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Opinion: The State of the Union shouldn’t be self-care for presidents

A TV news crew member sits in front of a live feed of President Joe Biden delivering his State of the Union address.
A TV news crew member sits in front of a live feed of President Joe Biden delivering his State of the Union address to Congress on Capitol Hill on March 1, 2022.
(Kent Nishimura/Los Angeles Times)
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The Constitution, we are reminded at this time of year, mandates that the president of the United States report to Congress on the state of the union “from time to time.”

That said, Article II, Section 3, does not require him to do this in person, late in the evening, for an hour or more, like a dinner guest who keeps on talking while the plates are cleared. Neither is he compelled to bask in the glow of heroes he has placed in the House gallery, or to roam the vast landscape of issues and crises, or to insist, despite appearances, that America’s best days lie ahead.

Yet President Biden, in Tuesday night’s address, will no doubt do all these things — just as he did last year, just as Donald Trump, Barack Obama and others did before him.

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The State of the Union address is often described, charitably, as a tradition. What it has become, really, is a nostalgia act — an aging rock star who can’t hit the high notes. The speech is played out, exhausted. It needs a reboot.

The most common grievance against the State of the Union is that it’s painfully, relentlessly long. As a speechwriter for President Clinton, I said the same thing myself, while making the address even longer.

To a surprising degree, Americans tune in regardless: According to Nielsen, more than 38 million people watched Biden’s 2022 address. Not a bad showing for any president.

But the way we watch the speech has changed. This event used to be the only hour all year when a president could count on our undivided attention. Now, for many of us, the speech runs in the background while our eyes are fixed on our phones, scanning social media to see what people are saying about it. The president’s words are fact-checked, mocked, cheered, twisted, debunked — all in real time. It is an intensely mediated experience, like watching a movie while film critics argue loudly in the theater.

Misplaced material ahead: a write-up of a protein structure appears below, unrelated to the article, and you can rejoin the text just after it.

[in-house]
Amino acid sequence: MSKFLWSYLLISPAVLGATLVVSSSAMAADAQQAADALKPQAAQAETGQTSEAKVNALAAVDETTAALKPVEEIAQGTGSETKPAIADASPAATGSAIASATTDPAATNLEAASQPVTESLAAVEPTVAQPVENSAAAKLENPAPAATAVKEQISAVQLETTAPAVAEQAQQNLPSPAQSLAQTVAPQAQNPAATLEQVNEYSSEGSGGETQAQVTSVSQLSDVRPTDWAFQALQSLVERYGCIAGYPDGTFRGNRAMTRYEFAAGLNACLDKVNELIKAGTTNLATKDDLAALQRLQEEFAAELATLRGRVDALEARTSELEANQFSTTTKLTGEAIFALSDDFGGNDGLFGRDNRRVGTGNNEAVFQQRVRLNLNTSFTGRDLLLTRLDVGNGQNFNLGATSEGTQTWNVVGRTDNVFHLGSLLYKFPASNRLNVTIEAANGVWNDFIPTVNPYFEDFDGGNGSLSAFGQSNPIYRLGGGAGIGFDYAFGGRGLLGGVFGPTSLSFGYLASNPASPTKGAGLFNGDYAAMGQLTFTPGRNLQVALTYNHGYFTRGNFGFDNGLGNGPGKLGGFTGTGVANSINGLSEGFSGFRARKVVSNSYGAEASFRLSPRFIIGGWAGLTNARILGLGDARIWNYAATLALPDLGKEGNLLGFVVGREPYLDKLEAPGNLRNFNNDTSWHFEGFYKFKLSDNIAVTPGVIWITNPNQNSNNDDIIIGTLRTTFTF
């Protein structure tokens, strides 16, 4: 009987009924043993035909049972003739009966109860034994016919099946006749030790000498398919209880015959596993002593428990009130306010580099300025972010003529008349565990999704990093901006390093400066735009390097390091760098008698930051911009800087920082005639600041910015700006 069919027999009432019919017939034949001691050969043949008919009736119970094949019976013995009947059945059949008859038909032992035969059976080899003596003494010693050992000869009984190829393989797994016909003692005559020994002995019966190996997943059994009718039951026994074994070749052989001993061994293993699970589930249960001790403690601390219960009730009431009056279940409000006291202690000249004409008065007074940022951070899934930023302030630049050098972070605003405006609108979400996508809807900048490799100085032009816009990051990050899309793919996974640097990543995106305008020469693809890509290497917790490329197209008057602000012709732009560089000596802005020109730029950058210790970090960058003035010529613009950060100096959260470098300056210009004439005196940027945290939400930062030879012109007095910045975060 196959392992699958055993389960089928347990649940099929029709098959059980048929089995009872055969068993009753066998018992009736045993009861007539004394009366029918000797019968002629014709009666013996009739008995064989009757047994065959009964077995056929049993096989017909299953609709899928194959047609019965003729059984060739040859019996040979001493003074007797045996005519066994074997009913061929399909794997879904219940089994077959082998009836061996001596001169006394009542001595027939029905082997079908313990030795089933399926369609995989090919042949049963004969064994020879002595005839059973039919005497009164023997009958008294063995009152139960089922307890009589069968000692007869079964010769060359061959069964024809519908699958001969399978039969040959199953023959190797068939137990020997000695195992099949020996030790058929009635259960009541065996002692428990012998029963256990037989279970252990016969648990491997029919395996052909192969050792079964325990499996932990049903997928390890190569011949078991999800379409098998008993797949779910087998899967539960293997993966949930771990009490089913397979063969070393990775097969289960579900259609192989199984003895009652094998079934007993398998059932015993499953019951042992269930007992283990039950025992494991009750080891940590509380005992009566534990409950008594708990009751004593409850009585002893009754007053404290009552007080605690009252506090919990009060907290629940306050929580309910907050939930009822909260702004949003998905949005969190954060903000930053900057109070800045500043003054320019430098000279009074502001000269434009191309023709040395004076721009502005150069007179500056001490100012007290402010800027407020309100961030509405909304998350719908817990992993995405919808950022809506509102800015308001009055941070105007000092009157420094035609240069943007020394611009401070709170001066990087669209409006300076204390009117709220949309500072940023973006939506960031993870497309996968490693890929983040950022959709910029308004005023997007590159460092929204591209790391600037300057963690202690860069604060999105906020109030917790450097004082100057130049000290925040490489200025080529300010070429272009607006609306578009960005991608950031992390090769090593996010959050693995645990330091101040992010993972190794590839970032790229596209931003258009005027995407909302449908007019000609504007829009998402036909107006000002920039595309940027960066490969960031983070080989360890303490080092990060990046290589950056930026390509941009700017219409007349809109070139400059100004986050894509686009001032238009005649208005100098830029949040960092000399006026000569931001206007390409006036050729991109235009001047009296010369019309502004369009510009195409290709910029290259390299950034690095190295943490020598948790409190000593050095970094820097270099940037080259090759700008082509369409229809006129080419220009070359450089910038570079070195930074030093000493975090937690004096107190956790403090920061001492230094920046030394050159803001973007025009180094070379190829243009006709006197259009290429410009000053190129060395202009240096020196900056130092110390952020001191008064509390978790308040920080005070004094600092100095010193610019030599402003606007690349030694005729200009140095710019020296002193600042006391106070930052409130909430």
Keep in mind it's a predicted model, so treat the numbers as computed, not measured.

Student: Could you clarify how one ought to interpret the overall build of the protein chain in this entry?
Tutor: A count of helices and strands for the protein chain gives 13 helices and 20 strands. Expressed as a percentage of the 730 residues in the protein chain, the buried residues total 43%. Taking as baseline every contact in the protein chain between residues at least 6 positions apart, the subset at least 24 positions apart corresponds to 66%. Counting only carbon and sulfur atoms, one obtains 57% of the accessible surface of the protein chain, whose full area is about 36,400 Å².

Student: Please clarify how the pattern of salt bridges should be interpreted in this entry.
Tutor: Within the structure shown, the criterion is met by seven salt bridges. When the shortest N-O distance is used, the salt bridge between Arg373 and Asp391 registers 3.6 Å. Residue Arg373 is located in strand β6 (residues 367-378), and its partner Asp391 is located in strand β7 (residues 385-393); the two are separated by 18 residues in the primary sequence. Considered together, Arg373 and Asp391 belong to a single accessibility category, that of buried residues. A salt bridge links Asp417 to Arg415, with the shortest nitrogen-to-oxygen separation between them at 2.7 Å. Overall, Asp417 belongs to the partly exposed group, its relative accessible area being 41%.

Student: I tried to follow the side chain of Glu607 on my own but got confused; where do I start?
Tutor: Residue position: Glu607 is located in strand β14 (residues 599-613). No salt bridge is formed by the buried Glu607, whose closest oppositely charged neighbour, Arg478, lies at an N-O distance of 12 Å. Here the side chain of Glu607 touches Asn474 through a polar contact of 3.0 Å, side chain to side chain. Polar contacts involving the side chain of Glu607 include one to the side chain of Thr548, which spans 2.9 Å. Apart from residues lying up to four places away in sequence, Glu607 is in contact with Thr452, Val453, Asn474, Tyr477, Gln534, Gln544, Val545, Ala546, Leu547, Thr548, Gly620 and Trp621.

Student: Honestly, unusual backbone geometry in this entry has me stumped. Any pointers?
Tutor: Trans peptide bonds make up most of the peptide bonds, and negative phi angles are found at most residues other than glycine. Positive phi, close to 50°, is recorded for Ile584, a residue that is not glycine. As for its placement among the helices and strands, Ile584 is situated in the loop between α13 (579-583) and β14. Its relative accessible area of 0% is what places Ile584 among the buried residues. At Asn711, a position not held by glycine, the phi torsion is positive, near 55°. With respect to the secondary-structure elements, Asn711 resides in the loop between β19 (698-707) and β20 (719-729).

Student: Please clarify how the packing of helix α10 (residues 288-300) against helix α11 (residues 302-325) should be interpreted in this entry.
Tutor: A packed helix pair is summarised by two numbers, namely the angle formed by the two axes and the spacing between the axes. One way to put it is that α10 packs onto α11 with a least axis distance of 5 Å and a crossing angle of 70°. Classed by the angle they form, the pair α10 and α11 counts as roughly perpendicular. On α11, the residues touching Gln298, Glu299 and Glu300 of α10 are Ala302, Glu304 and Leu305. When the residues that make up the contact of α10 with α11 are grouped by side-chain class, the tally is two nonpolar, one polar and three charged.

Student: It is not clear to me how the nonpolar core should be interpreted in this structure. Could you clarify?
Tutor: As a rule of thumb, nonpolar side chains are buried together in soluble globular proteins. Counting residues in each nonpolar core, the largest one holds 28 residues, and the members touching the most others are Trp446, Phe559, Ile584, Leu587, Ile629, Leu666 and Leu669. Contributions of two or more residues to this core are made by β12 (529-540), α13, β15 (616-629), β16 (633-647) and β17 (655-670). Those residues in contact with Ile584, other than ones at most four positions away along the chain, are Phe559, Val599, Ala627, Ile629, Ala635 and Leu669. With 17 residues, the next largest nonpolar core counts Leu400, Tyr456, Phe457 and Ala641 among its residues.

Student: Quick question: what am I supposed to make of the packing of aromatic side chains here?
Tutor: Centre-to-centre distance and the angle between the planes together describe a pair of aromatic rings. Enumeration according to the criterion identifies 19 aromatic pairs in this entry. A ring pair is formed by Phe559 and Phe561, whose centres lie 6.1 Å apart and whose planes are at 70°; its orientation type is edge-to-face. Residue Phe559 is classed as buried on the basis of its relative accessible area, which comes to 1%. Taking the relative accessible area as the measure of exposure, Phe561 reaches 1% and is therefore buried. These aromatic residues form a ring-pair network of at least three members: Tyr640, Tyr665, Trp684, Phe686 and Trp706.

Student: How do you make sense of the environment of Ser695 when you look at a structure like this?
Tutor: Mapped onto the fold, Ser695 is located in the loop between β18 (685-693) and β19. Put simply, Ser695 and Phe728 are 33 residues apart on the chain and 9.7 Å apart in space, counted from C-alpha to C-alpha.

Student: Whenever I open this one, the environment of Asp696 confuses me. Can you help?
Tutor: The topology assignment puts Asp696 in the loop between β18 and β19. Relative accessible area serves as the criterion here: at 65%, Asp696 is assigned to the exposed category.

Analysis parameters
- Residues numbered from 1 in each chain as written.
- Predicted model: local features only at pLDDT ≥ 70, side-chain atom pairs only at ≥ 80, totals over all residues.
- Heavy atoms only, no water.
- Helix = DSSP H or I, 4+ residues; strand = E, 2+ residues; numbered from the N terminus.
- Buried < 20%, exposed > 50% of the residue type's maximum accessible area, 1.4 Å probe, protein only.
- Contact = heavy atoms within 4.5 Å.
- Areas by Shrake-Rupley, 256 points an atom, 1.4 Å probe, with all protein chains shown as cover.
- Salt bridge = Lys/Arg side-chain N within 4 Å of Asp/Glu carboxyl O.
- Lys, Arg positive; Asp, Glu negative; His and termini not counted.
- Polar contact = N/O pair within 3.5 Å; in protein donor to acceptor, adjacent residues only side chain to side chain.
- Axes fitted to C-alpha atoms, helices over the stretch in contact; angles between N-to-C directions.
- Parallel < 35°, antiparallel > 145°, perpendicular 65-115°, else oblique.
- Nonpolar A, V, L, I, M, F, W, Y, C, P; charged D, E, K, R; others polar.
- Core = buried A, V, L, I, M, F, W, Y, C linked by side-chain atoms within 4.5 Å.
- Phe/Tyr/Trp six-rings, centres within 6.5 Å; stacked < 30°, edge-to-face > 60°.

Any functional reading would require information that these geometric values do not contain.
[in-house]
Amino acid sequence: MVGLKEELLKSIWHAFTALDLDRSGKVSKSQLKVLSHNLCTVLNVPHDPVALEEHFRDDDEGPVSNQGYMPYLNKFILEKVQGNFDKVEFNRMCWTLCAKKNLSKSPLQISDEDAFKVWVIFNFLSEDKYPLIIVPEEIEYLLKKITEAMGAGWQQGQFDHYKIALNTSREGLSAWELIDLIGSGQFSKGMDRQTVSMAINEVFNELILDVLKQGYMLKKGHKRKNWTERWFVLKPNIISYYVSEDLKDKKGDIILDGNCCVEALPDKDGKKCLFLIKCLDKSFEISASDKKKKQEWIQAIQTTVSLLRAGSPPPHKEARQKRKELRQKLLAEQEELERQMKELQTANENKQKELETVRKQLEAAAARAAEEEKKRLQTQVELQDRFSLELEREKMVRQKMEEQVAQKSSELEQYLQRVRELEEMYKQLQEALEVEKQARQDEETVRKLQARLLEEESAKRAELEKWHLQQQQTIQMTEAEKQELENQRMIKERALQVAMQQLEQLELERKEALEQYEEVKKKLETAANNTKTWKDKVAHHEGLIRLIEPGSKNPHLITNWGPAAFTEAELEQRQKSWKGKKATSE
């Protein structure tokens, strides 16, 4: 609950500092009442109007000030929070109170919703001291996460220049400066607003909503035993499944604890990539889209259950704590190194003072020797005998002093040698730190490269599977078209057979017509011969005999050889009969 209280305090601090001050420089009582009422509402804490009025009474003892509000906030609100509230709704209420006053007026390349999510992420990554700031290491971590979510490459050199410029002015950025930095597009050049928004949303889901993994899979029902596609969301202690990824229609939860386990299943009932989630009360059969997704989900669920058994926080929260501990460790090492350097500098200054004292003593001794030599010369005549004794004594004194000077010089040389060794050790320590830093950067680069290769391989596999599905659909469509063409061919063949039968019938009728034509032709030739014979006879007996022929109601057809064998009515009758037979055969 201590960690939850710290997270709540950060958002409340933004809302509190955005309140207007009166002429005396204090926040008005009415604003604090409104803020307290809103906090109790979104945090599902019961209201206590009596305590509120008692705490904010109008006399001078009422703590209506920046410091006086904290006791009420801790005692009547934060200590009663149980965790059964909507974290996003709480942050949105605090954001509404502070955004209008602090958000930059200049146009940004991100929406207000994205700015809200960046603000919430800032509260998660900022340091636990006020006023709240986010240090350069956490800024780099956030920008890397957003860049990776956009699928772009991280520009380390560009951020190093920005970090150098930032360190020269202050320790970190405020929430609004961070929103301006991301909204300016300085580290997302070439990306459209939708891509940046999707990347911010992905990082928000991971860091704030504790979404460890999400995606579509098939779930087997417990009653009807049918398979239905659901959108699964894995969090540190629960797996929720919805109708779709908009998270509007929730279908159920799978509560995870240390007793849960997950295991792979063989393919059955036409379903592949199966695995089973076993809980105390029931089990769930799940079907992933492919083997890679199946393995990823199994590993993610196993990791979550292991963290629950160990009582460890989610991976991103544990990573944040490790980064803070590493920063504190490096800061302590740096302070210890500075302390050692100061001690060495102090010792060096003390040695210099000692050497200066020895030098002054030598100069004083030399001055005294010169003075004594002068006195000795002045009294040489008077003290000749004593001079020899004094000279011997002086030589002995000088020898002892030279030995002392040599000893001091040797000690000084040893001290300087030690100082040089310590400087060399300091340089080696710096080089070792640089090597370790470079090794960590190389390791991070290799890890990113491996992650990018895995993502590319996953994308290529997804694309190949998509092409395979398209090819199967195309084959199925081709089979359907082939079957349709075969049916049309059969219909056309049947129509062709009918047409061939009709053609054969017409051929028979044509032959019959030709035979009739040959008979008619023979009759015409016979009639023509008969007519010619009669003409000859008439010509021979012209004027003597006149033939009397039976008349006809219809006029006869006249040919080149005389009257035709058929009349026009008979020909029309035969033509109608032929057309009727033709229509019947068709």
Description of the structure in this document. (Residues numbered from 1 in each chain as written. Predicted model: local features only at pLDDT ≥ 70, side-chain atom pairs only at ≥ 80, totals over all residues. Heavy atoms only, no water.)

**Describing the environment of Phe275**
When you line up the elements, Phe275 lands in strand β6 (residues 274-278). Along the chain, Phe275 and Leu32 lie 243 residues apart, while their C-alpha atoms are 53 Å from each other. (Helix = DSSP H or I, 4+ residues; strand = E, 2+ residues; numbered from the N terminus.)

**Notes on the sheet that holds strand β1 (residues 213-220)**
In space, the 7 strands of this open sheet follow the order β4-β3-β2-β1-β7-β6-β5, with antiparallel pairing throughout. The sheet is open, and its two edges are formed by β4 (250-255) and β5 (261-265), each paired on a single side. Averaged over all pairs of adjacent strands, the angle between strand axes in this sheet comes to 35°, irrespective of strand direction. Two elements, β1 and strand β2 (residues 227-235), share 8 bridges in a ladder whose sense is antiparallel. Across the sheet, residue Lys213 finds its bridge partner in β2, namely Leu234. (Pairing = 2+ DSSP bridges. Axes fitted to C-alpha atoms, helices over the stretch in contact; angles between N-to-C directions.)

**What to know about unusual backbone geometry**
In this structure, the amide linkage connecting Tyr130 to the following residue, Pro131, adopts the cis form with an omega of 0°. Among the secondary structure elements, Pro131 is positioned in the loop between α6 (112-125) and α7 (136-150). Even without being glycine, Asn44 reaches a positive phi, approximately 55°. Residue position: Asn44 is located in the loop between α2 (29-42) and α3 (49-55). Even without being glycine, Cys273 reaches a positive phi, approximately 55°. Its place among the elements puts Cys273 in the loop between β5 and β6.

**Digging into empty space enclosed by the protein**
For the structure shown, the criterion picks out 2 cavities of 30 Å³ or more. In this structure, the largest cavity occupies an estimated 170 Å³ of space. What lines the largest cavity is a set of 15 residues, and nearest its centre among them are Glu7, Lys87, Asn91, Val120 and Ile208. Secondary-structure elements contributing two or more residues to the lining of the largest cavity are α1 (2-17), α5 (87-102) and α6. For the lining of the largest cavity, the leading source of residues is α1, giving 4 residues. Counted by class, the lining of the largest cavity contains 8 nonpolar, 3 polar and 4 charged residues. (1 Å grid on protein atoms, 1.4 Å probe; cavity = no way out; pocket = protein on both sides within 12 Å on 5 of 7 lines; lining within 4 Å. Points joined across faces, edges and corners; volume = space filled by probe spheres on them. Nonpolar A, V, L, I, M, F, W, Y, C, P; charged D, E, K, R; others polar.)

While attention spans shrink, presidents continue, administration after administration, to deliver the same speech. Obama, as gifted an orator as the nation has seen in a long time, gave one conventional, shapeless State of the Union address after another. Catchphrases like “Win the future” never caught on. Even Trump — who had delivered an alarming inaugural address (“This American carnage stops right here”) — seemed at pains to give as stultifying a State of the Union as possible. (“Embrace the boundless potential of cooperation, compromise and the common ground,” he urged us, perversely, in 2019.)

The stubborn fact is that presidents like giving this speech this way, no matter what anyone else might think. The State of the Union allows them to reach a national audience in prime time. It gives them running room for victory laps; it drapes their plans in bunting; it makes their banalities sound — if you’re half-listening — almost profound. (“This is our moment to meet and overcome the challenges of our time,” Biden said last year.) The whole experience — including the manufactured applause — is good for the presidential soul, which almost always needs a lift.

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There are, of course, less public means of self-care. (People swear by weighted blankets.) The State of the Union should serve a higher purpose, even if it is rarely realized: to paint a vision of the future and set out an agenda that could bring it into being. Pageantry can play a role in that, lending the weight of history to a president’s words. But not if the words themselves are leaden.

Every year, there are calls to abolish the State of the Union, but need we go that far? Why not, instead, simply give a better one? Focused, say, on a single issue? In 20 minutes or less, saving the applause lines for the end?

Why not, for that matter, shake up the show itself? Last year, the House Jan. 6 Committee reinvented the congressional hearing as a suspenseful, tightly scripted, multimedia presentation. In 2020, amid the worst of the pandemic, Democrats made a virtue of necessity and pared down their party’s convention, adding pre-recorded segments. The results were uneven, but few viewers missed the old format.

Change for change’s sake can be a gimmick. But continuity for continuity’s sake can be a dead end, and that is where Biden will be if he tells us, again, that the state of the union is strong.

Jeff Shesol, a former speechwriter for President Clinton, is a partner at West Wing Writers and the author, most recently, of “Mercury Rising: John Glenn, John Kennedy, and the New Battleground of the Cold War.”

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